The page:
Instead, I'm writing this post because I worry that too many home gardeners see the advertisement of '12 month control' on the front of the label, and think 'hmmm . . . . why purchase a product that can give me short term control, when I can get one with really long term control? That seems like the best buy!'

If you are having a short-term, one-time problem with aphids on your rose bushes, I'm not sure that imidacloprid is your best choice. In fact, for short-term, one time pest problems on any plant, I'm not so sure that imidacloprid is the best choice. Thus, I wanted to write a post that points out that the long term protection advertised may be RRREEEEAAAALLLLLlllllyyyyyy long term protection.

It's interesting to note that only one of the studies that I listed (Szczepaniec and Raupp (2007)) looked at the long-term persistence of imidicloprid in an ornamental plant. It's also interesting to note that many of these studies could detect imidacloprid (via bio-assay of pests or chemical assays for the active ingredient) up through their last sampling date. Thus, there is clearly more to learn about the persistence of imidacloprid in home gardens.

Are soil-applied systemic insecticides the best choice for pest problems in the home garden?

Are annual applications necessary?

I can't answer these questions - but I think they're important questions to ask.

Wednesday, March 28, 2012

Do Companion Plants Offer Protection from Insect Pests?

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This past week, I attended the Pacific Branch Meeting of the Entomological Society of America (PB-ESA). The meeting was held in Portland, so it was a wonderful opportunity to interact with and learn from entomologists from CA, HI, ID, UT, MT, WA, AZ . . . and of course, OR. What I love so much about scientific conferences, such as the PB-ESA, is that we get a chance to hear about hot and happening research results. Scientific conferences are an opportunity present your work to your scientific colleagues for consideration and critique, before you publish the results of your research.

One talk that really stood out to me was the fantastic work of Joyce Parker. Joyce was examining the efficacy of two ecologically-based pest management practices in broccoli: trap cropping and companion plants.

Trap cropping is a practice where farmers plant a 'trap' crop next to the target crop that they want to protect. Pests are attracted to the trap crop, where they can be managed via targeted chemical controls. The pesticides applied are greatly reduced to a few strips of the trap crop, rather than being broadcast across the larger geographic area of the target crop.

Companion planting
is a practice where farmers plant aromatic crops next to the target crop that they want to protect. The aromas of the companion plants are said to 'hide' the target crop from insect pests. Many gardeners also use companion plants in their garden, by planting marigolds next to marigolds next to cucumbers, or dill next to cabbage.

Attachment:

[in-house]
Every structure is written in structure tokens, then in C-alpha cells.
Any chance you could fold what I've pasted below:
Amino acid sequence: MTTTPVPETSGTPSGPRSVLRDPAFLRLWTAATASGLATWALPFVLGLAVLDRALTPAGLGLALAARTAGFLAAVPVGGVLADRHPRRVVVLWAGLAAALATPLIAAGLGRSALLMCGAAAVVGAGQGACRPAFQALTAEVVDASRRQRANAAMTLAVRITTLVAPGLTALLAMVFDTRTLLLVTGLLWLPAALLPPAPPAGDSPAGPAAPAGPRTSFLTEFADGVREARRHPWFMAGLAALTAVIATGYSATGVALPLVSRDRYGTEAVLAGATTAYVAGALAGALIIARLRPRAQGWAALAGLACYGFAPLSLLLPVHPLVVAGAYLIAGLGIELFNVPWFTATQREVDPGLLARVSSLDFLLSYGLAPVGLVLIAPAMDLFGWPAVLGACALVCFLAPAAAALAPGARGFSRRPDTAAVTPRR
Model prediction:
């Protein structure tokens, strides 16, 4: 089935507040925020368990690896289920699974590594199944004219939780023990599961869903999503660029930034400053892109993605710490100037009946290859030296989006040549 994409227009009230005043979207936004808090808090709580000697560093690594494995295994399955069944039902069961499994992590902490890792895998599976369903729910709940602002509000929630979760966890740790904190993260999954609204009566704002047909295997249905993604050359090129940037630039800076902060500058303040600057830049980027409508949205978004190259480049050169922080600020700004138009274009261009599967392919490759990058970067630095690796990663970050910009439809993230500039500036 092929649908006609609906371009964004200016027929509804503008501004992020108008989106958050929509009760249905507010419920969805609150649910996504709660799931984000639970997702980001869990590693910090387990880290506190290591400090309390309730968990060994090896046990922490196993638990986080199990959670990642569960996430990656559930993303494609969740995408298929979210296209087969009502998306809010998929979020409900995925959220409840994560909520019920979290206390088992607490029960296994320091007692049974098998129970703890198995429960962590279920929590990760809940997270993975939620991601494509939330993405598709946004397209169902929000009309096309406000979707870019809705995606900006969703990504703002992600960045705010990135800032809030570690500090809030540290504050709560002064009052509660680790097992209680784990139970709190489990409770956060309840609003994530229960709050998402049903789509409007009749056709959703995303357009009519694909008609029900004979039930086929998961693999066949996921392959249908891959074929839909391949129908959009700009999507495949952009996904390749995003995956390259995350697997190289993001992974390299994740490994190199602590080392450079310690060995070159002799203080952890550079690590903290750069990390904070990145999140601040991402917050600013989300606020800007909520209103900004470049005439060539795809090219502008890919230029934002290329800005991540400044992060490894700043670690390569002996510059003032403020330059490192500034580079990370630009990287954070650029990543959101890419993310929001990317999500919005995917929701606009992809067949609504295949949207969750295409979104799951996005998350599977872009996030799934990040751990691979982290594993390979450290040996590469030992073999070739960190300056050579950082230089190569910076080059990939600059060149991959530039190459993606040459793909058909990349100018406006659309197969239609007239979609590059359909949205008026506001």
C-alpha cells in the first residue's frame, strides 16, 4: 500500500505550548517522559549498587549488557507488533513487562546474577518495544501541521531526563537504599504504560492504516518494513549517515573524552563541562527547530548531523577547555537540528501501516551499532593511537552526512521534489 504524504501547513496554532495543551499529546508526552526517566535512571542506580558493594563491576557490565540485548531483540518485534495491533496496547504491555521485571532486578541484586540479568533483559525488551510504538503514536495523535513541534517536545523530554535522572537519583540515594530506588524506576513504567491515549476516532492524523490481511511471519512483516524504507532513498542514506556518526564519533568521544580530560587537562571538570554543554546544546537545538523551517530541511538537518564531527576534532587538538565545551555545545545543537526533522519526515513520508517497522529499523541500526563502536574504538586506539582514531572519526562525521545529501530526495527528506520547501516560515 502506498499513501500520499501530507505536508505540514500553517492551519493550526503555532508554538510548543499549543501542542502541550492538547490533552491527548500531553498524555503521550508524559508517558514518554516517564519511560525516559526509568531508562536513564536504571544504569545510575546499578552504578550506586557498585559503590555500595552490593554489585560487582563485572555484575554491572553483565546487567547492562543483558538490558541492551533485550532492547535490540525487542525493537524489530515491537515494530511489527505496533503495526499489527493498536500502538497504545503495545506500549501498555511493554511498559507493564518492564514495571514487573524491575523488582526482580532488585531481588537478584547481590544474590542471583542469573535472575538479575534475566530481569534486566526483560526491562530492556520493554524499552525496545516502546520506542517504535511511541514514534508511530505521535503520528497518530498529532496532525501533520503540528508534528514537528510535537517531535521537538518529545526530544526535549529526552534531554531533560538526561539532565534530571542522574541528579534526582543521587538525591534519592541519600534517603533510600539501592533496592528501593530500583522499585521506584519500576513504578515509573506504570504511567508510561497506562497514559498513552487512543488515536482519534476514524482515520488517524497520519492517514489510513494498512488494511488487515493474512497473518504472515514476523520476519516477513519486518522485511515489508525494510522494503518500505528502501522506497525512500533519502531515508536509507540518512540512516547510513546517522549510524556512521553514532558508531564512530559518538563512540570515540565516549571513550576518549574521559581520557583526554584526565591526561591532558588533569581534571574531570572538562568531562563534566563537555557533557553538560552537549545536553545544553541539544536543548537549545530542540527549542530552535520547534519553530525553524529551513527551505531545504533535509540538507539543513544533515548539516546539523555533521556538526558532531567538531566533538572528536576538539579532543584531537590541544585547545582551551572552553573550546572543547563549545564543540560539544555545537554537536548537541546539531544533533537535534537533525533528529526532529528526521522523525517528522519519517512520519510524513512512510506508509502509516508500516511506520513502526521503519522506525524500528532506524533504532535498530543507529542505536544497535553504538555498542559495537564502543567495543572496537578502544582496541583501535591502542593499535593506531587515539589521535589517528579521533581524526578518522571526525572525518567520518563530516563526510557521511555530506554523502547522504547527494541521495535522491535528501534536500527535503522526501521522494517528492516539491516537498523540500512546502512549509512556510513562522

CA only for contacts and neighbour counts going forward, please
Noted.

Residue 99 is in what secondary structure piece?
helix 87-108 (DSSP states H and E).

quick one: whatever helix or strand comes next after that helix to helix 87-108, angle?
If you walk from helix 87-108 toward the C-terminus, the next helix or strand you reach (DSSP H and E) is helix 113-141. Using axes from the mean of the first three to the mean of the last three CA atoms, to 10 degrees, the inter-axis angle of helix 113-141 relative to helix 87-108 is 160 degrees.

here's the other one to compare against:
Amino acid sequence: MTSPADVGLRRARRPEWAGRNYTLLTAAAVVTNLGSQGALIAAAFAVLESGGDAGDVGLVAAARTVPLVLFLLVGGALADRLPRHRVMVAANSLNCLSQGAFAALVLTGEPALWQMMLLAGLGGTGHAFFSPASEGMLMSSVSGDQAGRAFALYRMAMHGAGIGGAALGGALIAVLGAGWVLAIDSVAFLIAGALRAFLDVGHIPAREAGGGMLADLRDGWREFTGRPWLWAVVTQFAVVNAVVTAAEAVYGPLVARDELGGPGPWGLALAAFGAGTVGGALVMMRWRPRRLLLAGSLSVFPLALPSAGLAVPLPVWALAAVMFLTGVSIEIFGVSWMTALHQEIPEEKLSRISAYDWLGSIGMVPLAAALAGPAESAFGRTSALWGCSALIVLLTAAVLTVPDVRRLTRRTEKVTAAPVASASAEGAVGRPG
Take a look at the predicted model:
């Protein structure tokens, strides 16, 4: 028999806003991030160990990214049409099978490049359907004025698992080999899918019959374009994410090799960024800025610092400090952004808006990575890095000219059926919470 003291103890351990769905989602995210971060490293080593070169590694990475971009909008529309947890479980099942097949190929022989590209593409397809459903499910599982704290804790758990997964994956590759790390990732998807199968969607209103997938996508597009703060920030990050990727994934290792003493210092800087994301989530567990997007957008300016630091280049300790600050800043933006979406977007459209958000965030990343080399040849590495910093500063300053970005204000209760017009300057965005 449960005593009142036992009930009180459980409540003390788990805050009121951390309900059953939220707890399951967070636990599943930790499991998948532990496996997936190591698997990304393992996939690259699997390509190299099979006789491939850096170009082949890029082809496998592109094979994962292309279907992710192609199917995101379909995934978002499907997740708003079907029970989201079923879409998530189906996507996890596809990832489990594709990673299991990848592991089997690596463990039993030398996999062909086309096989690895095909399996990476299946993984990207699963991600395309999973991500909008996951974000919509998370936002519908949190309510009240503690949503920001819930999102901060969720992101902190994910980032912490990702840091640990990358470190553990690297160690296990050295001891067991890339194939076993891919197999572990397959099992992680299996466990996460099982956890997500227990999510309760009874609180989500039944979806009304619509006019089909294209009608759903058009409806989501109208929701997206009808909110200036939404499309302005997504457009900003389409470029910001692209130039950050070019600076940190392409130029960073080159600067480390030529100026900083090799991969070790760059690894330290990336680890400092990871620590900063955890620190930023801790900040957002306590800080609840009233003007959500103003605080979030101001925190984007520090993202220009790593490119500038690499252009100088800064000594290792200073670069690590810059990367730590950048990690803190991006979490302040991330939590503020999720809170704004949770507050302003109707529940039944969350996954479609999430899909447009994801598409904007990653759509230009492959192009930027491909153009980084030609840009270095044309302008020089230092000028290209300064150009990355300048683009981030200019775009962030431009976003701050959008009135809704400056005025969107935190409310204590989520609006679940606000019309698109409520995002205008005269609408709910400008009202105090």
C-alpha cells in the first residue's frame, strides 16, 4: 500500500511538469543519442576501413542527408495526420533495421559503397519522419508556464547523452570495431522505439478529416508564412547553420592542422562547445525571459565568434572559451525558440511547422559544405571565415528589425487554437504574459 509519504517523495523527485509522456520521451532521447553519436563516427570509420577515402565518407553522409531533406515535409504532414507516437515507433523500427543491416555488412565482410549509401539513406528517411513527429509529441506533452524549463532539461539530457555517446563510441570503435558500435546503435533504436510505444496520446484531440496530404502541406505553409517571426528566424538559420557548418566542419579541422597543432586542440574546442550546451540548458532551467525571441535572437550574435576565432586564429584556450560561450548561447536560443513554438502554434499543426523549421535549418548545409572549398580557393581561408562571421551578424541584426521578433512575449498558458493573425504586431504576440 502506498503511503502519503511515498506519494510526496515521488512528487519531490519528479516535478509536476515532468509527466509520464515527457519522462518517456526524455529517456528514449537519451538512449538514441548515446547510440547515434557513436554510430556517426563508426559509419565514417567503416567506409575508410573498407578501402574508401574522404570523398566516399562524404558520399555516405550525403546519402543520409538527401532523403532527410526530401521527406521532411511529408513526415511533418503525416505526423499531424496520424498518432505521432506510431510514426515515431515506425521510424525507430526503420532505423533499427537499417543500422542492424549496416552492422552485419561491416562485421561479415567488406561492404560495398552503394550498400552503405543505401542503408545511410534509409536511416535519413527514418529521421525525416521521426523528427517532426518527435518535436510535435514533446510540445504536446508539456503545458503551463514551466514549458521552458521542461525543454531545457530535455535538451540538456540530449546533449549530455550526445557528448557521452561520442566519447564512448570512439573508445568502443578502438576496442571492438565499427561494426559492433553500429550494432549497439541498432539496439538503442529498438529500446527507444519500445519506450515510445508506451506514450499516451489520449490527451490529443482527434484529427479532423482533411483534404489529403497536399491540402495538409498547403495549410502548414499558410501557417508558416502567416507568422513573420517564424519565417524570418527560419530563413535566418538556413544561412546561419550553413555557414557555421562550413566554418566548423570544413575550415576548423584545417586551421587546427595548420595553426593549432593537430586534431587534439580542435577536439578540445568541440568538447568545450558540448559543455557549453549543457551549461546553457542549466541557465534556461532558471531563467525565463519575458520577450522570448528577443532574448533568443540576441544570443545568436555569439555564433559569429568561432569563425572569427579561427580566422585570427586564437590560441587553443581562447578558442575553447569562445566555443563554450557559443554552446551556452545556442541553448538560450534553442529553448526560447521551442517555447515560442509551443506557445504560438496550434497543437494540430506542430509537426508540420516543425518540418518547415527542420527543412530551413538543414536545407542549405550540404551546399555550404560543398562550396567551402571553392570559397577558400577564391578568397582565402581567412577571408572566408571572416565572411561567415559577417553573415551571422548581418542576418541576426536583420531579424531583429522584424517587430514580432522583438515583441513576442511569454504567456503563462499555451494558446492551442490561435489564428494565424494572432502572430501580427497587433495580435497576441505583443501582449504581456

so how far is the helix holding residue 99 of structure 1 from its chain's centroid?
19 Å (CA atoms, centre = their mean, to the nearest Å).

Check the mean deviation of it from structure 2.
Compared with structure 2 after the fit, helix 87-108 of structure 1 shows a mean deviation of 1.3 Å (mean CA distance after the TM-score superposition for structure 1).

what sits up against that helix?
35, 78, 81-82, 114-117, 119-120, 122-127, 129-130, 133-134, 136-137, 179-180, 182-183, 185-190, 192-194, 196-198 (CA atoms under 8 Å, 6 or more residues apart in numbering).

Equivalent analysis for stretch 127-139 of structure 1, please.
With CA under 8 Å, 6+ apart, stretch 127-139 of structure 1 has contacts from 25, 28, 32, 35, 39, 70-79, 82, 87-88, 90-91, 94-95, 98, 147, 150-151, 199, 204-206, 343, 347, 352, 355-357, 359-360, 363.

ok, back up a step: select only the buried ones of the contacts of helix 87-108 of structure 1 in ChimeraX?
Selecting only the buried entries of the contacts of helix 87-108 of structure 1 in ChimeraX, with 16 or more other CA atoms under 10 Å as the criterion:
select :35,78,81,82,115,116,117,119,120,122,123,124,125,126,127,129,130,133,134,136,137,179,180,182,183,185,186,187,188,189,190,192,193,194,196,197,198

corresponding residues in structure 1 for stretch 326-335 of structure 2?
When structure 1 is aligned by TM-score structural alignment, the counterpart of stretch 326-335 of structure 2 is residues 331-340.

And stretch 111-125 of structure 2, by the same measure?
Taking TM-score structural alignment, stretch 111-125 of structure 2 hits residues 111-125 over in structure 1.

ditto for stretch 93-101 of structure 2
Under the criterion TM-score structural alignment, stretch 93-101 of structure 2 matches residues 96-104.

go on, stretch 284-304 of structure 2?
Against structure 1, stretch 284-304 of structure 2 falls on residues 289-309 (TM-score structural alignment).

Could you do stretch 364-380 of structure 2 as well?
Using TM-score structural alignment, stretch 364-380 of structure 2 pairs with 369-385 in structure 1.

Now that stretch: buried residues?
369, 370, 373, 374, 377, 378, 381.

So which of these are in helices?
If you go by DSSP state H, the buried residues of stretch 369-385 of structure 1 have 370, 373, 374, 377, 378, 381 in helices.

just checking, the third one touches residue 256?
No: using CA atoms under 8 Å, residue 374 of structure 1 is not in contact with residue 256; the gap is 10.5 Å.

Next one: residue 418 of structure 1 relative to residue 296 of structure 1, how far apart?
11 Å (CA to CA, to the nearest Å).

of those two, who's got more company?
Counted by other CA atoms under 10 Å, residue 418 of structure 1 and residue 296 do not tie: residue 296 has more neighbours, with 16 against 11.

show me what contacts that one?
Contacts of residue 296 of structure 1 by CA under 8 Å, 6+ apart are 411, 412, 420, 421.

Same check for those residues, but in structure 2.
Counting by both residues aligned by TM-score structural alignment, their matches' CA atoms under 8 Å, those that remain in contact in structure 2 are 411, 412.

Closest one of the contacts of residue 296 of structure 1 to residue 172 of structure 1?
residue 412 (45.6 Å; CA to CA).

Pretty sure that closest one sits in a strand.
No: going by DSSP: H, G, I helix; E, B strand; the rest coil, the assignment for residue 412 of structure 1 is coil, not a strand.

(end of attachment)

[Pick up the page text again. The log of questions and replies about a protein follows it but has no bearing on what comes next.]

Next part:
Joyce's results suggest that using mustard as a trap crop was an effective, ecological pest management strategy in broccoli fields. However, her companion plants (Yukon Gold potato, marigolds, dill, and bunching green onions) didn't protect broccoli from the crucifer flea beetle. Her results align with several others studies which found that companion plants don't mask target crops with their aroma:
  • Finch et al. 2003: cabbage root fly and onion fly were distracted from target crops by the leaf color of some companion plants - but not by the aroma of companion plants.
  • Held et al. 2003: companion plantings of geranium actually INCREASED Japanese beetles on roses. So too did fennel seeds, cedar shavings, crushed red pepper, and osage orange.
  • Latheef and Erwin 1979: cabbage interplanted with peppermint, nasturtium, marigold and/or thyme had just as many caterpillars as cabbage planted with other cabbage.
  • Latheef and Ortiz 1984: hyssop and santolina did not protect cabbage from crucifer flea beetles. Wormwood and tansy reduced crucifer flea beetle numbers by about half (as compared to control cabbage - planted without companion plants). However, damage from crucifer flea beetles was still high on cabbage interplanted with wormword or tansy.
Nonetheless, some gardeners swear by the use of companion plants in the garden. I always tell gardeners that if they feel it's working for them - keep doing what they're doing. Companion plants can be a great way to add color and variety to the vegetable garden. However, if you're planting companion plants purely for the pest control benefits that you've head they might confer . . . you may be disappointed.

Instead, I would suggest planting insectary plants - such as coneflowers, tickseed, bee balm or spirea. These plants have been tested by researchers at Michigan State University and ranked according to their attractiveness to pollinators, parasitoids and predators.

Plants for the Central Coast of Oregon

Yarrow, such as this specimen in the Lincoln County Master Gardener Demonstration Garden, attract a wide variety of beneficial insects when in bloom.